Table of Contents
ISRN Obesity
Volume 2013, Article ID 804129, 5 pages
http://dx.doi.org/10.1155/2013/804129
Clinical Study

Biomarker Profile Does Not Predict Weight Loss Success in Successful and Unsuccessful Diet-Reduced Obese Individuals: A Prospective Study

1Anschutz Health and Wellness Center, 12348 E. Montview Boulevard, Campus Box C263, Aurora, CO 80045, USA
2University of Colorado Anschutz Medical Campus, Division of Endocrinology, Metabolism and Diabetes, 12800 E. 19th Avenue, Campus Box F8305, Aurora, CO 80045, USA

Received 28 March 2013; Accepted 24 April 2013

Academic Editors: A. Erkner, H. Gordish-Dressman, E. K. Naderali, and J. Zempleni

Copyright © 2013 Sarit Polsky et al. This is an open access article distributed under the Creative Commons Attribution License, which permits unrestricted use, distribution, and reproduction in any medium, provided the original work is properly cited.

Abstract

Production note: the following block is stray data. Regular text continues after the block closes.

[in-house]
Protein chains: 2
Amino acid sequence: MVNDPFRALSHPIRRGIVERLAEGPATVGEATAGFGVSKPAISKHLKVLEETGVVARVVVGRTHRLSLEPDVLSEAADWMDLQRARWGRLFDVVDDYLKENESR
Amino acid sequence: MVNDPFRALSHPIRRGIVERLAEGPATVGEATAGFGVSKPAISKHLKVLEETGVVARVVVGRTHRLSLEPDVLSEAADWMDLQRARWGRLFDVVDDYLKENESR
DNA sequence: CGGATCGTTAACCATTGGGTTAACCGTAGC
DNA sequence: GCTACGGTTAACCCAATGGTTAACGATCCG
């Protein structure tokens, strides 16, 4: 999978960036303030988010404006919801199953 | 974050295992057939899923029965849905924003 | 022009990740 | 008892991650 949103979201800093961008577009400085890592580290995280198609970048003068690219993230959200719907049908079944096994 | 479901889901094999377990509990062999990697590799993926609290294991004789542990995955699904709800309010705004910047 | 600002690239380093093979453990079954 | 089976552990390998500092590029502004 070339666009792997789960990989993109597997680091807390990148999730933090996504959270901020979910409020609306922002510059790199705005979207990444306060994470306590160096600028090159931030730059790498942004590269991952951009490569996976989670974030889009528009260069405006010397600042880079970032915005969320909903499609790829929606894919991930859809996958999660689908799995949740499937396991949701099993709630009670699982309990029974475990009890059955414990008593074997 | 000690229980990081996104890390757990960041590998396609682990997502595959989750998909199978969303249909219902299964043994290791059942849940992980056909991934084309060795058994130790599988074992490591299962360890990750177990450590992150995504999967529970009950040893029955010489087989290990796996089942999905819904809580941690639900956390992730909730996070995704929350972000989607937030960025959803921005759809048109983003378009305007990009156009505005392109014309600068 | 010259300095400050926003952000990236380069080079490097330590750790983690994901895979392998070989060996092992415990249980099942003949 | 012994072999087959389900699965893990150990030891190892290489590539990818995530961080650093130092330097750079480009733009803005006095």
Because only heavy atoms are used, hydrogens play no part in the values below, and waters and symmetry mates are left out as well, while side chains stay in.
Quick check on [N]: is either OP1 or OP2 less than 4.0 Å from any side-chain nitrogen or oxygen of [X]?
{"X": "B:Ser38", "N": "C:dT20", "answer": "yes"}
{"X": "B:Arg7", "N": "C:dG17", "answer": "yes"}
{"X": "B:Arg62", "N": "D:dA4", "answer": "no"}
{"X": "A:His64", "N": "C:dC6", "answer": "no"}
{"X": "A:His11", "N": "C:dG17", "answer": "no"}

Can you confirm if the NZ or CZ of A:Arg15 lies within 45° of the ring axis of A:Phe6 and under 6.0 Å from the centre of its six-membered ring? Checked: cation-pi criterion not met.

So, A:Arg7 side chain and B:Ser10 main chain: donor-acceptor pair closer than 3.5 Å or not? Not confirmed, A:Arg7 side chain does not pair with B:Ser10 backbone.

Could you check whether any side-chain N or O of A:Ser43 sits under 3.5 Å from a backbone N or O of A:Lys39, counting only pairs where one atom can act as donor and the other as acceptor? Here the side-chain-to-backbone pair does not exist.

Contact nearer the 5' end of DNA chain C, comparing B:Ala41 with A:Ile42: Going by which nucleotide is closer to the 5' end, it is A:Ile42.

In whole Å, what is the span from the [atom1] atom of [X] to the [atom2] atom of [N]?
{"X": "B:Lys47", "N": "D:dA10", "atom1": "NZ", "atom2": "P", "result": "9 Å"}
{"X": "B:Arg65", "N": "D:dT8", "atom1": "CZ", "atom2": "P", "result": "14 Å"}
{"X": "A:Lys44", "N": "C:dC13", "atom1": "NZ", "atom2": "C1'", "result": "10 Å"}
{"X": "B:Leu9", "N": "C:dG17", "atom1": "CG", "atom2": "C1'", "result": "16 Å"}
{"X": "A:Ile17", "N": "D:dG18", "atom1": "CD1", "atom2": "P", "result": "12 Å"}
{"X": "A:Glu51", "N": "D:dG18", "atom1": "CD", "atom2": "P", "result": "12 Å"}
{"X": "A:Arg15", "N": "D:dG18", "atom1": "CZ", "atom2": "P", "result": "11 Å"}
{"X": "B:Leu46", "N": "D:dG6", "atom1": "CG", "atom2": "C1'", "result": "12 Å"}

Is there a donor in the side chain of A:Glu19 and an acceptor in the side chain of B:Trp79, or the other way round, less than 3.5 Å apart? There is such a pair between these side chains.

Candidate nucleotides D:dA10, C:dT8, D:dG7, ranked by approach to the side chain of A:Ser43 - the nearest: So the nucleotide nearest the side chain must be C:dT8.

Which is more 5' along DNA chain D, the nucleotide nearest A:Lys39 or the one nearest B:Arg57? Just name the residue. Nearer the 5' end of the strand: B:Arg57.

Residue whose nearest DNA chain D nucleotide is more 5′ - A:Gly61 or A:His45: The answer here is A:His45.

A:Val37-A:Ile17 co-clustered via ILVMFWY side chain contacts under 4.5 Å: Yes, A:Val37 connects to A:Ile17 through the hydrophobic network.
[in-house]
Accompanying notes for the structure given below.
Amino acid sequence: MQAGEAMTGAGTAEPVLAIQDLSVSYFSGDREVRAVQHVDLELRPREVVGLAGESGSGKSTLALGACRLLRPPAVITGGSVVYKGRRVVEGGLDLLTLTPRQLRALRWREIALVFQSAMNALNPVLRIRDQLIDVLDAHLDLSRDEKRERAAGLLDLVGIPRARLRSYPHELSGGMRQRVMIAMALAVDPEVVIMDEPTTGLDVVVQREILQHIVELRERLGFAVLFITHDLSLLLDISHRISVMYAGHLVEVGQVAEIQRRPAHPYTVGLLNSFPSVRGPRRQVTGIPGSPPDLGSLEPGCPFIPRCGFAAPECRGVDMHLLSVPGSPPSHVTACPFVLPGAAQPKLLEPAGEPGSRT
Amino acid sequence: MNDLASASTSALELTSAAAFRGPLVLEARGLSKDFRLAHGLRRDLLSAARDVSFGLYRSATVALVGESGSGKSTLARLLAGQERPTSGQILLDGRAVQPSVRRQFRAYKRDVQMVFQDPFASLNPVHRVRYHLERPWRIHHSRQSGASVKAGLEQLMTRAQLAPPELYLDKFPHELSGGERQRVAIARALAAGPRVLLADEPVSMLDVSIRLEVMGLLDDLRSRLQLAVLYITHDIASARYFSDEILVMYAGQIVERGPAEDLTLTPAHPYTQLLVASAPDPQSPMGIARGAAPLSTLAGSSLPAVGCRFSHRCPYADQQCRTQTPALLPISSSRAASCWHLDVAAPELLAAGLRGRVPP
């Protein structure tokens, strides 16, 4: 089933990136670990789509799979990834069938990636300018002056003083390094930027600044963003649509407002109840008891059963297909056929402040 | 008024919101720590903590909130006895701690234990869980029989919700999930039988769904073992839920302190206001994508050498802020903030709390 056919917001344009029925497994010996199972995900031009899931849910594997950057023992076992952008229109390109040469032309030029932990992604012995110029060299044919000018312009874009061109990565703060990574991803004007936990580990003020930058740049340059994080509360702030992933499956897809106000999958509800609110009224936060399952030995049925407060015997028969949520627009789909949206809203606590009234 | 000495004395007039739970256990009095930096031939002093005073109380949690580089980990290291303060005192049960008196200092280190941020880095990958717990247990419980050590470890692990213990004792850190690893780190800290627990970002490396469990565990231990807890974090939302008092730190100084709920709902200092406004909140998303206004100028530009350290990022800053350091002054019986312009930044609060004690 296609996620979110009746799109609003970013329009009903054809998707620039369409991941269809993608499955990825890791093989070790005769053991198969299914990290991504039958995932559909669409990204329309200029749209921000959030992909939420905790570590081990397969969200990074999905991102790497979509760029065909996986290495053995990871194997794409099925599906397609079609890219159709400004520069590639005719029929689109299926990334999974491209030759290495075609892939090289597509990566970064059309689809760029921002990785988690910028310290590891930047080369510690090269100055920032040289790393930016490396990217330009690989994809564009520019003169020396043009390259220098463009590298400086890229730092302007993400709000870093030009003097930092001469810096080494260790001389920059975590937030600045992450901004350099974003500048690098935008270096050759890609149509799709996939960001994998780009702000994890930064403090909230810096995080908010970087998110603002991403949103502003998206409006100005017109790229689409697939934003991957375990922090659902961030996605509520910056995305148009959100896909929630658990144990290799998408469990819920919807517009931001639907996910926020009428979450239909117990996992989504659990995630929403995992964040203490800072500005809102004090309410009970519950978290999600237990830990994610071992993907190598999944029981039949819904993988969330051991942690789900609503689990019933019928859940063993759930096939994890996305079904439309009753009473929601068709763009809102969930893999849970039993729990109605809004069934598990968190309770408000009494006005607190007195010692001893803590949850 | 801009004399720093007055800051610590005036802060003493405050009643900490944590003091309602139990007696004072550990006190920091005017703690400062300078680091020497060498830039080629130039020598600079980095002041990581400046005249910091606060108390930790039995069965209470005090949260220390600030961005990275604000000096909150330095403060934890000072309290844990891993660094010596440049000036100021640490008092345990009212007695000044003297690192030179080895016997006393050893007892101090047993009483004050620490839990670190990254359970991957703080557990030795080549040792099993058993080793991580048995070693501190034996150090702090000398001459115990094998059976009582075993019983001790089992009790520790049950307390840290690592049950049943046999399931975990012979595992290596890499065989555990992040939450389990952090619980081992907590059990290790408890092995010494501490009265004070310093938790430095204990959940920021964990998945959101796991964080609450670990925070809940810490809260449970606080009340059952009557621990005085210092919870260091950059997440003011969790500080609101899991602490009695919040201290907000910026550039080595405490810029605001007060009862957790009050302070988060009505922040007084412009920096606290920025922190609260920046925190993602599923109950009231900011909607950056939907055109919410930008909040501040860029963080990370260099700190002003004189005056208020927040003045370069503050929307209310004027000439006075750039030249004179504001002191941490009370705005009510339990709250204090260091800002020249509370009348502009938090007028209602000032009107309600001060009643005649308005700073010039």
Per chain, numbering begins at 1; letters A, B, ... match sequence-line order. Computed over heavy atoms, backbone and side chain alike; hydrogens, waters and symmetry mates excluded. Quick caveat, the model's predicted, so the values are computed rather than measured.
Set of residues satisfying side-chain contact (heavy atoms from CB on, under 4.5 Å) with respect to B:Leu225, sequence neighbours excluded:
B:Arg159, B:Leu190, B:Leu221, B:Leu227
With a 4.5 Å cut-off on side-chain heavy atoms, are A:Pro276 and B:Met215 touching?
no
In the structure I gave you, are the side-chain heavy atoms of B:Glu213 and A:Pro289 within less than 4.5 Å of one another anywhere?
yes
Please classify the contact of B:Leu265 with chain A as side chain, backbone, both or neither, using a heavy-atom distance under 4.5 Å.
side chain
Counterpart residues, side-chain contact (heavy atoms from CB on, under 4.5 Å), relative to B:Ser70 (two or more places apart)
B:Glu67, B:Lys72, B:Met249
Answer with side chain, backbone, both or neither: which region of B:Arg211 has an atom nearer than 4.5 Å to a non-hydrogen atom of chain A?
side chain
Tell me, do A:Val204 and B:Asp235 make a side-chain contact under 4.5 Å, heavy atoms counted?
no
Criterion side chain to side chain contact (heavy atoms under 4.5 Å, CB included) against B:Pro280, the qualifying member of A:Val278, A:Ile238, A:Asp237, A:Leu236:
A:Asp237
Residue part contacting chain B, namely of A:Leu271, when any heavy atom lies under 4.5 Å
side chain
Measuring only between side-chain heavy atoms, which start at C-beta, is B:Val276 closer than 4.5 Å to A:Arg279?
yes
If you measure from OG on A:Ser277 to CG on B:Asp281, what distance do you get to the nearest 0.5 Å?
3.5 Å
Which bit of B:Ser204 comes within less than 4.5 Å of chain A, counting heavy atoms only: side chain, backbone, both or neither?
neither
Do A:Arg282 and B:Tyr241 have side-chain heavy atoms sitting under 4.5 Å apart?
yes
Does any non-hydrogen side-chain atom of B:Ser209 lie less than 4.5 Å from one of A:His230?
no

Background. Individuals attempting weight reduction have varying success when participating in the same intervention. Identifying physiological factors associated with greater weight loss could improve outcomes. Methods. Sixty-one adults (BMI 27–30 kg/m2) participated in a 16-week group-based, cognitive-behavioral control weight loss program. Concentrations of 12 fasting hormones and cytokines related to adiposity, satiety/hunger, and inflammation were measured using the Milliplex human metabolic human panel before and after weight loss. Participants were grouped based on ≥8% (successful group, SG) or <8% weight loss (less successful group, LSG). Results. The SG had 46 subjects (75.4%), while the LSG had 15 (24.6%). There were no differences in baseline sex distribution, age, weight, BMI, and body composition between groups. In the SG, baseline to the 16-week levels decreased significantly for c-peptide (1,030 versus 891 pg/mL, ), insulin (665 versus 541 pg/mL, ), and leptin (0.83 versus 0.58 ng/mL/kg fat, ). None of the baseline analytes predicted greater weight loss. Conclusions. Successful weight loss was associated with changes in adiposity (less fat mass) and unfavorable hunger signals. No baseline biomarker profile was associated with weight loss success. Behavioral factors may have outweighed physiological signals for determining successful weight loss. This trial is registered with ClinicalTrials.gov NCT00429650.